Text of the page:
What happened: At its Monday meeting, the Visalia City Council approved the first reading of an ordinance that will amend the Visalia Municipal Code to allow delivery-only medical cannabis businesses within the city to meet new state law requirements.
Although nearby cities like Tulare, Farmersville and Woodlake allow medical and commercial cannabis businesses to operate within their boundaries, Visalia has banned cannabis sales since 2017, after California passed a 2016 law legalizing cannabis use for those 21 and older. The council voted to maintain the ban in 2021.
Known as the “Medicinal Cannabis Patients’ Right of Access Act,” California Senate Bill (SB) 1186 requires cities to allow and regulate medical delivery-only cannabis retailers.
With SB 1186 taking effect on Jan. 1, 2024, Visalia had to update its ordinances to allow for delivery-only medical cannabis sales within the city or face potential legal action.
Council member Steve Nelsen said that with this bill, “Sacramento is overreaching in local municipalities.”
If adopted, the ordinance will require that these business sites are closed to the public and have security plans, delivery vehicles must be inspected by the city, sites will only be allowed in the industrial and light industrial zones and sites will not be allowed within 500 feet of any schools located inside or outside the city.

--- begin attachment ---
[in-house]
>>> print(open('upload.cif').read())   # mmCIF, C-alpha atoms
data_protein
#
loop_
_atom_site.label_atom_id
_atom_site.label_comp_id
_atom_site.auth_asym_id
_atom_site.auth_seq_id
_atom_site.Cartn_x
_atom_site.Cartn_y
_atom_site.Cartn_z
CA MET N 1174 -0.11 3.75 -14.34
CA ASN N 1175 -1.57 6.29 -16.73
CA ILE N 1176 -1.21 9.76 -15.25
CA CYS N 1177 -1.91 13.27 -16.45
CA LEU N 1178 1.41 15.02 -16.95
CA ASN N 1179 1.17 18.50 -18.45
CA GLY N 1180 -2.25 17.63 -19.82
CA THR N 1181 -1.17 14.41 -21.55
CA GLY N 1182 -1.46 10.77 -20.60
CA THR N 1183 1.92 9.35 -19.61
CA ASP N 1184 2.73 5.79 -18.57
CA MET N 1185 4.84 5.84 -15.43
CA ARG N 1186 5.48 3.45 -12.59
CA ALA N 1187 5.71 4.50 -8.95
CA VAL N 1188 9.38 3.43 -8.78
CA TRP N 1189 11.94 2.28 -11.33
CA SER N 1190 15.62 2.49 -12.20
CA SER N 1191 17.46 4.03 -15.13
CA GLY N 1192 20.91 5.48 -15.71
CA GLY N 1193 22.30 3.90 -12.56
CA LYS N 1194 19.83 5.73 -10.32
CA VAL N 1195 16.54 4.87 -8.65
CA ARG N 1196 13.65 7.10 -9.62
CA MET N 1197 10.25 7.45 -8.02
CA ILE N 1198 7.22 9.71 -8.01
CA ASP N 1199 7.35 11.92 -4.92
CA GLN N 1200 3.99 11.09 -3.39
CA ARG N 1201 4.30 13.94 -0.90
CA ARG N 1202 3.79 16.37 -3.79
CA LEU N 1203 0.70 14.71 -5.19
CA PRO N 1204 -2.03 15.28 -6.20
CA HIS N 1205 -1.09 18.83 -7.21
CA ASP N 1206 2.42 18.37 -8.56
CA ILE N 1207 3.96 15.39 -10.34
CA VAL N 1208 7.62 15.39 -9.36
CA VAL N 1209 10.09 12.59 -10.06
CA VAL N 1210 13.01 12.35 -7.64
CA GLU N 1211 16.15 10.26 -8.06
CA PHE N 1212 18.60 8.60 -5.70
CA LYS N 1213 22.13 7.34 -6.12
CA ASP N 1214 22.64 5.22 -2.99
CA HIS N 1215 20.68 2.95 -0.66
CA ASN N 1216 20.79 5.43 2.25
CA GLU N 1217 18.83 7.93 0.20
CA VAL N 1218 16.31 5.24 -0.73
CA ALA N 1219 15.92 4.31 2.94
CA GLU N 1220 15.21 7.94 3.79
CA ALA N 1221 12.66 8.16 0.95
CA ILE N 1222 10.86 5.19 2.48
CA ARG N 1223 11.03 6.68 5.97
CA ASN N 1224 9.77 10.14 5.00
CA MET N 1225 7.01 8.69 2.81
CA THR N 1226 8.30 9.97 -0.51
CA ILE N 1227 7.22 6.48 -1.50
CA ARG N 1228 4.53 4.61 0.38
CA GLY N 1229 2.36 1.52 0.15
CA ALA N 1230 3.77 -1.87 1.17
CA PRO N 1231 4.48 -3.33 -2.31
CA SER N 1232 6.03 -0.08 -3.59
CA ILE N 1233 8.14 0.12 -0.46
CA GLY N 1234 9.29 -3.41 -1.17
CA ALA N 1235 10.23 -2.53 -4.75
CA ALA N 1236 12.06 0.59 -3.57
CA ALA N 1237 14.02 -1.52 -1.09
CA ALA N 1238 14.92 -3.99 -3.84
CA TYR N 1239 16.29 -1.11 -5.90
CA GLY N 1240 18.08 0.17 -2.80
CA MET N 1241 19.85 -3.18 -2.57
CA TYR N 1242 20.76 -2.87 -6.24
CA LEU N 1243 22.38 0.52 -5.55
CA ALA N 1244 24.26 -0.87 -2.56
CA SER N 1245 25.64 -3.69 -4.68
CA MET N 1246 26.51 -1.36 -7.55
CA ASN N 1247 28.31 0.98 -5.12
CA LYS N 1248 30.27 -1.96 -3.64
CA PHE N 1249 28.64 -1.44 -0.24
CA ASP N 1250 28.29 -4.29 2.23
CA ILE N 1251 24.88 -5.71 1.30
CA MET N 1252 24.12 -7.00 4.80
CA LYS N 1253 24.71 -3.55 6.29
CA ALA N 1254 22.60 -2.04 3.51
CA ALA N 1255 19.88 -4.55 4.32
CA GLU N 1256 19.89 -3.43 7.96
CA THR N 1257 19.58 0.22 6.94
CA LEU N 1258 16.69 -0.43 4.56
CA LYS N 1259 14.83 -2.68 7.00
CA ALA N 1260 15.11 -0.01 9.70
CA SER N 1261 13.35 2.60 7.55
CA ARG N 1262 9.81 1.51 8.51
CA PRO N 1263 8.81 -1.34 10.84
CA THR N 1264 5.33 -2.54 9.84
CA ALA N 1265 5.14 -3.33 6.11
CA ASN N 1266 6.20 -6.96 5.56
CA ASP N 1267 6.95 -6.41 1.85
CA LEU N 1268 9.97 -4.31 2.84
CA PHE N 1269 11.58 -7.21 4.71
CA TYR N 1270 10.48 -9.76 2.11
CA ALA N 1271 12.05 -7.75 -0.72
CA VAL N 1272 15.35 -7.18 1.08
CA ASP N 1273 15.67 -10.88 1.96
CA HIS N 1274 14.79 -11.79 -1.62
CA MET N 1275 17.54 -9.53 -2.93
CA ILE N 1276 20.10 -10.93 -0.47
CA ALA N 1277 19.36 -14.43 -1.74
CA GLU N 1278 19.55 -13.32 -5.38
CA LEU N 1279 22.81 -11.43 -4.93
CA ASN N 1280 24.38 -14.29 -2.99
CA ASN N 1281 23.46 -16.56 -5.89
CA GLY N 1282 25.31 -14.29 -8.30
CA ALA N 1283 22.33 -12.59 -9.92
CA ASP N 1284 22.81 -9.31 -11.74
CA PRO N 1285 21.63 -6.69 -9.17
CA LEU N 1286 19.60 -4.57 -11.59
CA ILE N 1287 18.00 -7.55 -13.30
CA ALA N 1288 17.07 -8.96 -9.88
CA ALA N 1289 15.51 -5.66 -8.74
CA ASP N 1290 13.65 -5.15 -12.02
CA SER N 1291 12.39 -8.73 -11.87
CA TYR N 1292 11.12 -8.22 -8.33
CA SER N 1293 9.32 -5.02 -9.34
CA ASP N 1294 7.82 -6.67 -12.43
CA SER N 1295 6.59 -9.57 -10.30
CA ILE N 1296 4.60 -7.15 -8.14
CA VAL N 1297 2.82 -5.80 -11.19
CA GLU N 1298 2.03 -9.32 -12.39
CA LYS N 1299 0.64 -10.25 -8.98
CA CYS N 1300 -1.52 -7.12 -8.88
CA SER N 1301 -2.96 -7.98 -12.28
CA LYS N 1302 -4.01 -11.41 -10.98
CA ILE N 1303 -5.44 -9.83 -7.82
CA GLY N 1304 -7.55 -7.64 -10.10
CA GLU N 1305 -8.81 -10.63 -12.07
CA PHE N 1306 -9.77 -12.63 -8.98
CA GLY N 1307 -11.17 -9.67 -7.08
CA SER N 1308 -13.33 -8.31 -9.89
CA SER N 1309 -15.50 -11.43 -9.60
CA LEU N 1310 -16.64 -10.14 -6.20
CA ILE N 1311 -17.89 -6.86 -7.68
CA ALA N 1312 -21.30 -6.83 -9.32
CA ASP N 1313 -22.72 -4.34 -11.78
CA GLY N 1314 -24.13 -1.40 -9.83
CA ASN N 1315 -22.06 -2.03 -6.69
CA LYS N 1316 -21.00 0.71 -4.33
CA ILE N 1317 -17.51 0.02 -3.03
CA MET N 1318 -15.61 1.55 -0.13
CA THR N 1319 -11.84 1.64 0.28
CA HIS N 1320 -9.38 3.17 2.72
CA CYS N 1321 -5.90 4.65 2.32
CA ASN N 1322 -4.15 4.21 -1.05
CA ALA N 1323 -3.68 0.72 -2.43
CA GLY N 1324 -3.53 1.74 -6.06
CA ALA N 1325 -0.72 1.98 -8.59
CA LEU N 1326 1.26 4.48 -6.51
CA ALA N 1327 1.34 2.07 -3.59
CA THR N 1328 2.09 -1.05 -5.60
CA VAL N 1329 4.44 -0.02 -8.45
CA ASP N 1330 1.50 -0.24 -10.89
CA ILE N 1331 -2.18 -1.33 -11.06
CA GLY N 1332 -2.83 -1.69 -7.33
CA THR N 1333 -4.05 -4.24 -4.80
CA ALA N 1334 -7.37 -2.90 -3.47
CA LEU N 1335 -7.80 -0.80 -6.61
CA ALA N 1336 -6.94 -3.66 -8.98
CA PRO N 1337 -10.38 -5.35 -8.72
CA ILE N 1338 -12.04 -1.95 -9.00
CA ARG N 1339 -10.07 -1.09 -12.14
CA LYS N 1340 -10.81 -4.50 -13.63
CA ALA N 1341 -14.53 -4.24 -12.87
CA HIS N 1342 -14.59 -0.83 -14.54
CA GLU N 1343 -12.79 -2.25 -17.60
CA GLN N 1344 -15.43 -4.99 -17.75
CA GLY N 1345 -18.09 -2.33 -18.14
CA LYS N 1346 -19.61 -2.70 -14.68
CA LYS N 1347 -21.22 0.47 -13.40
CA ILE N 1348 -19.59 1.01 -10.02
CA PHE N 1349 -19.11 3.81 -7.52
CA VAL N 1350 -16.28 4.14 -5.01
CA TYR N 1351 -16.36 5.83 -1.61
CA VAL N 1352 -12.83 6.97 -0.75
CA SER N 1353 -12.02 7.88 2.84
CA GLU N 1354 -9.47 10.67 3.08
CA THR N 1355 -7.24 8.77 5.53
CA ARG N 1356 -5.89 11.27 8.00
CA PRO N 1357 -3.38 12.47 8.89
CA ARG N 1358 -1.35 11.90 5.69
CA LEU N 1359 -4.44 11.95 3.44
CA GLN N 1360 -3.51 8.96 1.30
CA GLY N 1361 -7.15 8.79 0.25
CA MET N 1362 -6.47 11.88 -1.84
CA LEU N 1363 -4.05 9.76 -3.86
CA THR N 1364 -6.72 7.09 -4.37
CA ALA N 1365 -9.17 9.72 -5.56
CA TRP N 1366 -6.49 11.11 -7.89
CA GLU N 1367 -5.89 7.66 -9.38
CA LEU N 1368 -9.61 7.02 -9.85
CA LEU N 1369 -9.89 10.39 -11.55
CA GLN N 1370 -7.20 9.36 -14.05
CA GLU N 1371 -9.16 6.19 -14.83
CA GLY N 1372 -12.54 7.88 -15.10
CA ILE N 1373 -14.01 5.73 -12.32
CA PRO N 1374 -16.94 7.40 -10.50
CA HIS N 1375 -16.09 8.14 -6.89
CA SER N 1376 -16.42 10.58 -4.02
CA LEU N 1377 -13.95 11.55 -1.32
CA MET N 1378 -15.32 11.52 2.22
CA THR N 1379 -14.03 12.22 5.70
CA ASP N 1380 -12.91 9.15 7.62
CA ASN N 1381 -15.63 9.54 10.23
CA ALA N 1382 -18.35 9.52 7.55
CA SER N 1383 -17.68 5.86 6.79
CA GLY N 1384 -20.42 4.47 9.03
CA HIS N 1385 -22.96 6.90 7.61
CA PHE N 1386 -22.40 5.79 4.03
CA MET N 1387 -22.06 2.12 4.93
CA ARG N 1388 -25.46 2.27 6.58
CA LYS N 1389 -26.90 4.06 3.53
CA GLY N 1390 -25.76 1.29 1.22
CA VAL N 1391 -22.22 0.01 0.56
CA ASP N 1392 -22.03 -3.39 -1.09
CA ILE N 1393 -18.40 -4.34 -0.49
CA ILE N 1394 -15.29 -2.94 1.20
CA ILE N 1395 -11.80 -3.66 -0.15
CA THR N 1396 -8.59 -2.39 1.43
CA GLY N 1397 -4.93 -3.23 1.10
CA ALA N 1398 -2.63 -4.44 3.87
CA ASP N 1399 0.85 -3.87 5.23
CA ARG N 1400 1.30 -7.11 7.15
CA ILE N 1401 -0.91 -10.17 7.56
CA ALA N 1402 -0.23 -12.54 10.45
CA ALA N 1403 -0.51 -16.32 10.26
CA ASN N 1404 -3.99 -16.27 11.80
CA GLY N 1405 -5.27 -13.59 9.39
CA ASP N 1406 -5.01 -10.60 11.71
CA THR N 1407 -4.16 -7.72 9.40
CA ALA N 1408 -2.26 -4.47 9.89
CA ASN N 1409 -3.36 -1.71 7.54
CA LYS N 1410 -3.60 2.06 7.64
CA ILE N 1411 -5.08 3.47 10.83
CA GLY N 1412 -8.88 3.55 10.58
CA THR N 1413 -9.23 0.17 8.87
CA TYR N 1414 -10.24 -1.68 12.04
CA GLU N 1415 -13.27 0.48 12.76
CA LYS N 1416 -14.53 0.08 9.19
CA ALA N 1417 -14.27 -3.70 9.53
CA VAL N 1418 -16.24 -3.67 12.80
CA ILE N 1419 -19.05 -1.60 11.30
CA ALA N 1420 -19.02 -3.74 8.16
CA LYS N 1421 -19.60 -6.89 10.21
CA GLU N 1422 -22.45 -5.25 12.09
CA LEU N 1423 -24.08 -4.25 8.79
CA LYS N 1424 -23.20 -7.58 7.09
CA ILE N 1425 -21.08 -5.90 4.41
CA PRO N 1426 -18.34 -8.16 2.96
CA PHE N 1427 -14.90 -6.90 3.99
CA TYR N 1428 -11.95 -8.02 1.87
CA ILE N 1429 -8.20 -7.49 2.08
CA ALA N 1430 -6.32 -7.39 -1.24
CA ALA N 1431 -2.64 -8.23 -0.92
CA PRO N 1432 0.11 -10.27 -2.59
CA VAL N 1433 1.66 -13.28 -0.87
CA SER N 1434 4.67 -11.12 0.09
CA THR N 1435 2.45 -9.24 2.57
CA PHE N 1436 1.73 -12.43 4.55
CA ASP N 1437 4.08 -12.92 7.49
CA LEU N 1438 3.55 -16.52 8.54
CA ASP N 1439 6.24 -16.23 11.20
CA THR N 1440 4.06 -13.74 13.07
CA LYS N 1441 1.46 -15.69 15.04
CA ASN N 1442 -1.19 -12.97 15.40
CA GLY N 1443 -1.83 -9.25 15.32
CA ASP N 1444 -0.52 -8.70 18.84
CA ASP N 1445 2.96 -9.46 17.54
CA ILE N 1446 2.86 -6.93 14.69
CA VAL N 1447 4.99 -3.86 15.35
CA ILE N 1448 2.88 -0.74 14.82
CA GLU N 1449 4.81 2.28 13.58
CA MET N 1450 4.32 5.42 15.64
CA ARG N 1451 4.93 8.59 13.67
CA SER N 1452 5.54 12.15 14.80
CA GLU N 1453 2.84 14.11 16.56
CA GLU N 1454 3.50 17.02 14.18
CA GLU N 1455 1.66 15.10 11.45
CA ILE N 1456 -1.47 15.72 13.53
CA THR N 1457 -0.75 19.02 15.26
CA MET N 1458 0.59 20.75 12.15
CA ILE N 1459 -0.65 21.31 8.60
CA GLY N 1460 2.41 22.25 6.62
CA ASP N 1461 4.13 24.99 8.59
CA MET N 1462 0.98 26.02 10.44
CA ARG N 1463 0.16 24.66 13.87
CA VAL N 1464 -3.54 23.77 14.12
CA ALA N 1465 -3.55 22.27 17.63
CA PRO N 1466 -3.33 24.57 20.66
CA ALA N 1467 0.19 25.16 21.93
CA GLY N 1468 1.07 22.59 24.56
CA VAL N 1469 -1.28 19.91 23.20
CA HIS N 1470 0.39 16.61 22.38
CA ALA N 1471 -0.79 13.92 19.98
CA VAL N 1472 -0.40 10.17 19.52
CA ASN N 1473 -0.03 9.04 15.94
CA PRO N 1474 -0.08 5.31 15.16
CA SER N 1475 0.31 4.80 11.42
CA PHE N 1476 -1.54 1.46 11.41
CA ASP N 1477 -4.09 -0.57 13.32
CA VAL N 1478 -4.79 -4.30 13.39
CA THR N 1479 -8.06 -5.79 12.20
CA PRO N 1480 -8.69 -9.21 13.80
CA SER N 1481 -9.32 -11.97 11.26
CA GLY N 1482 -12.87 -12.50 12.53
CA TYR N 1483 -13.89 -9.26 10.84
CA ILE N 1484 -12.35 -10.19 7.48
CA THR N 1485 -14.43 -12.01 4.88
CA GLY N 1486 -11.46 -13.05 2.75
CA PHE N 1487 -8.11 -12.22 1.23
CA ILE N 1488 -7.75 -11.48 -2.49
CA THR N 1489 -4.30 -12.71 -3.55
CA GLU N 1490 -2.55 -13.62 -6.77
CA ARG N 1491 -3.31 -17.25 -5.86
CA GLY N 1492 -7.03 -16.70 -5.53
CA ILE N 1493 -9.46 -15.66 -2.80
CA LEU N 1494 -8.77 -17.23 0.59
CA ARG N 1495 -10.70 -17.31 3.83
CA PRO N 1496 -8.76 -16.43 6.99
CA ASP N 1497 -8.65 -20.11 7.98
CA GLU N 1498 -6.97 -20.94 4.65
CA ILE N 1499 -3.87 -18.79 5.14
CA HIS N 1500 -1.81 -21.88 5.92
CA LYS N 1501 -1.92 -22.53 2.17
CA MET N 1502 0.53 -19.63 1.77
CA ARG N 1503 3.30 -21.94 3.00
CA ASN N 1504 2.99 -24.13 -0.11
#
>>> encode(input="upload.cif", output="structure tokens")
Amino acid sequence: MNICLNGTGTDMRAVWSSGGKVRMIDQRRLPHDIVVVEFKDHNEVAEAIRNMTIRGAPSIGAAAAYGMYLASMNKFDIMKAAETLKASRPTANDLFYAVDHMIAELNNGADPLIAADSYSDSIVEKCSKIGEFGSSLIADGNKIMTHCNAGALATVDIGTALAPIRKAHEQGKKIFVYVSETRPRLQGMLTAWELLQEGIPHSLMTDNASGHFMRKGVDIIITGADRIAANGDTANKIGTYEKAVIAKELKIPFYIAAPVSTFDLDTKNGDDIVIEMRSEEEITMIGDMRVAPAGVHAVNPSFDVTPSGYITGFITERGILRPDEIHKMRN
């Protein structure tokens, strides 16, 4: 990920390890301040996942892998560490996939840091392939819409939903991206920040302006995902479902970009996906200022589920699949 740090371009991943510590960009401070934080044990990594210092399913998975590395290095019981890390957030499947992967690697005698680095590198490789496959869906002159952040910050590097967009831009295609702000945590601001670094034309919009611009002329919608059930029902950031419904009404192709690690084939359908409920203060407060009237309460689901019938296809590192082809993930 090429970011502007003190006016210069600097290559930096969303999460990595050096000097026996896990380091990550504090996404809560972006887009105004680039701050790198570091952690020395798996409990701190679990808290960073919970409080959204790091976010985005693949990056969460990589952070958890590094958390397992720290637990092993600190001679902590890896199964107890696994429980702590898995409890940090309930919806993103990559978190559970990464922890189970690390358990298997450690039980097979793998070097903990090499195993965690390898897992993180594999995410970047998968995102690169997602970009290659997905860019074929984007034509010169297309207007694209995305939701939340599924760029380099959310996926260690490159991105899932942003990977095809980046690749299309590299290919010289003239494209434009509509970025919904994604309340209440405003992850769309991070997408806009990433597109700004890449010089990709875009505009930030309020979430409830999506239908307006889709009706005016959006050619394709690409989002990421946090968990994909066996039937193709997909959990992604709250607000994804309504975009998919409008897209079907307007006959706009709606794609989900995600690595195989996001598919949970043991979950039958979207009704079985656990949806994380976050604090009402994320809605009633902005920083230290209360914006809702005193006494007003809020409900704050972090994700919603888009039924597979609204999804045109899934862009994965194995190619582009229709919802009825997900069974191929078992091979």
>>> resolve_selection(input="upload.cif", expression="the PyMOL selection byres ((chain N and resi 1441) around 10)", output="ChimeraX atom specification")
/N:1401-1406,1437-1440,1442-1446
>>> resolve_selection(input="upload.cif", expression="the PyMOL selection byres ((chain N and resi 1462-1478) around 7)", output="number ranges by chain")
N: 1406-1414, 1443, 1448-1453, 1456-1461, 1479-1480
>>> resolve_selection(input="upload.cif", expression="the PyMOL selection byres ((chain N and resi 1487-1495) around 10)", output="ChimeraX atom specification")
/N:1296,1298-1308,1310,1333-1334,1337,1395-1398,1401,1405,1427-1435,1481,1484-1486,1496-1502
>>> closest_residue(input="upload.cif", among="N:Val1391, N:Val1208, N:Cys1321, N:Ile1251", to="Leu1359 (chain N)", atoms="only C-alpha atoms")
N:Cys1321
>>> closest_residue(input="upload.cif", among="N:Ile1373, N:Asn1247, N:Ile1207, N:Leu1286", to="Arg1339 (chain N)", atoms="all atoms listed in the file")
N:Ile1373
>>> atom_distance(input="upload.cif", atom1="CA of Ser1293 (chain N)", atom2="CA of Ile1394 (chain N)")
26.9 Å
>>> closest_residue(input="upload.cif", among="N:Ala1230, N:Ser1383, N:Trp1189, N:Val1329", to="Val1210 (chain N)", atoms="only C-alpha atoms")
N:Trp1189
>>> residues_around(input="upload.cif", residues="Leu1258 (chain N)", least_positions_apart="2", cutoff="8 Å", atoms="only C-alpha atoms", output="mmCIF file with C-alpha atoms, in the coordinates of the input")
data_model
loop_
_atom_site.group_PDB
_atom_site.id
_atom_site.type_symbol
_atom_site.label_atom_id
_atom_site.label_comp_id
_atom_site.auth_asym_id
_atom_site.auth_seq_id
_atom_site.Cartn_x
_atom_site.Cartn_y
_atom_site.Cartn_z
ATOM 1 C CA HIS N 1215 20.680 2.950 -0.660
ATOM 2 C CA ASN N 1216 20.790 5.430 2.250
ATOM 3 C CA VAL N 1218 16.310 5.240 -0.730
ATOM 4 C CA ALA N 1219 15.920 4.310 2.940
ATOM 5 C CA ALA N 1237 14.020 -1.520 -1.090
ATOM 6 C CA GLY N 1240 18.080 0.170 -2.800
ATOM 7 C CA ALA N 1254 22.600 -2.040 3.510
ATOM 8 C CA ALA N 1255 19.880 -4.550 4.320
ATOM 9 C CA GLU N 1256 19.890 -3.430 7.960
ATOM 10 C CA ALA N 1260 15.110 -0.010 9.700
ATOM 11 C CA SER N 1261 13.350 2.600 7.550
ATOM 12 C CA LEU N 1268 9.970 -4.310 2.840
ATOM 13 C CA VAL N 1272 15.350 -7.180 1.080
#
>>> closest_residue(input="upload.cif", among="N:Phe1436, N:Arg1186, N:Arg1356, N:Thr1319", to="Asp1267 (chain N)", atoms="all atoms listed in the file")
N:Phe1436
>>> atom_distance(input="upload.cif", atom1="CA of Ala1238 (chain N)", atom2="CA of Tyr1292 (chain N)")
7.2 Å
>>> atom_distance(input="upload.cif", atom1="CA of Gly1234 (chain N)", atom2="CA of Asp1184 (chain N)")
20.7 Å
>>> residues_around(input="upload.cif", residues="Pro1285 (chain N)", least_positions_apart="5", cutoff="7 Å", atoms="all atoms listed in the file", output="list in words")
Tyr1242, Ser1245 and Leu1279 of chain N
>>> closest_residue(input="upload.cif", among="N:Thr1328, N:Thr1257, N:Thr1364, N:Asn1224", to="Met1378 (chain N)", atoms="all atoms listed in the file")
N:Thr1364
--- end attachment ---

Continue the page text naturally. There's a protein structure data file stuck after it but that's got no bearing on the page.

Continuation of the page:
The council also unanimously passed a consent calendar item authorizing the city manager to appropriate $85,000 from the city’s general fund to enter into contracts with Hdl Companies and FM3 Research to assist with examining potential cannabis regulations and preparing a potential local sales tax measure for cannabis sales for the 2024 election.
And also: The Visalia City Council adopted an ordinance that will regulate short-term rentals (STR) in all residential zones throughout the city. When the council introduced the first reading of this ordinance at its Oct. 16 meeting, the council heard complaints from city residents about STRs near them.
One Airbnb owner claimed that STR regulations threaten his rights as a homeowner and that the occupancy limits that would be placed on STRs discriminate against large families.
The ordinance will go into effect within 30 days of its passing, at which point STR owners will be required to go through a registration and permitting process, although some STRs will be grandfathered in.
The ordinance will place limits on how many occupants can stay in an STR, where cars belonging to short-term renters can be parked and limit possible STRs to interior dwelling units. The ordinance will also require that STR owners include their permit number on any ads posted for their STR unit.
Up next: The Visalia City Council will meet again on Nov. 20.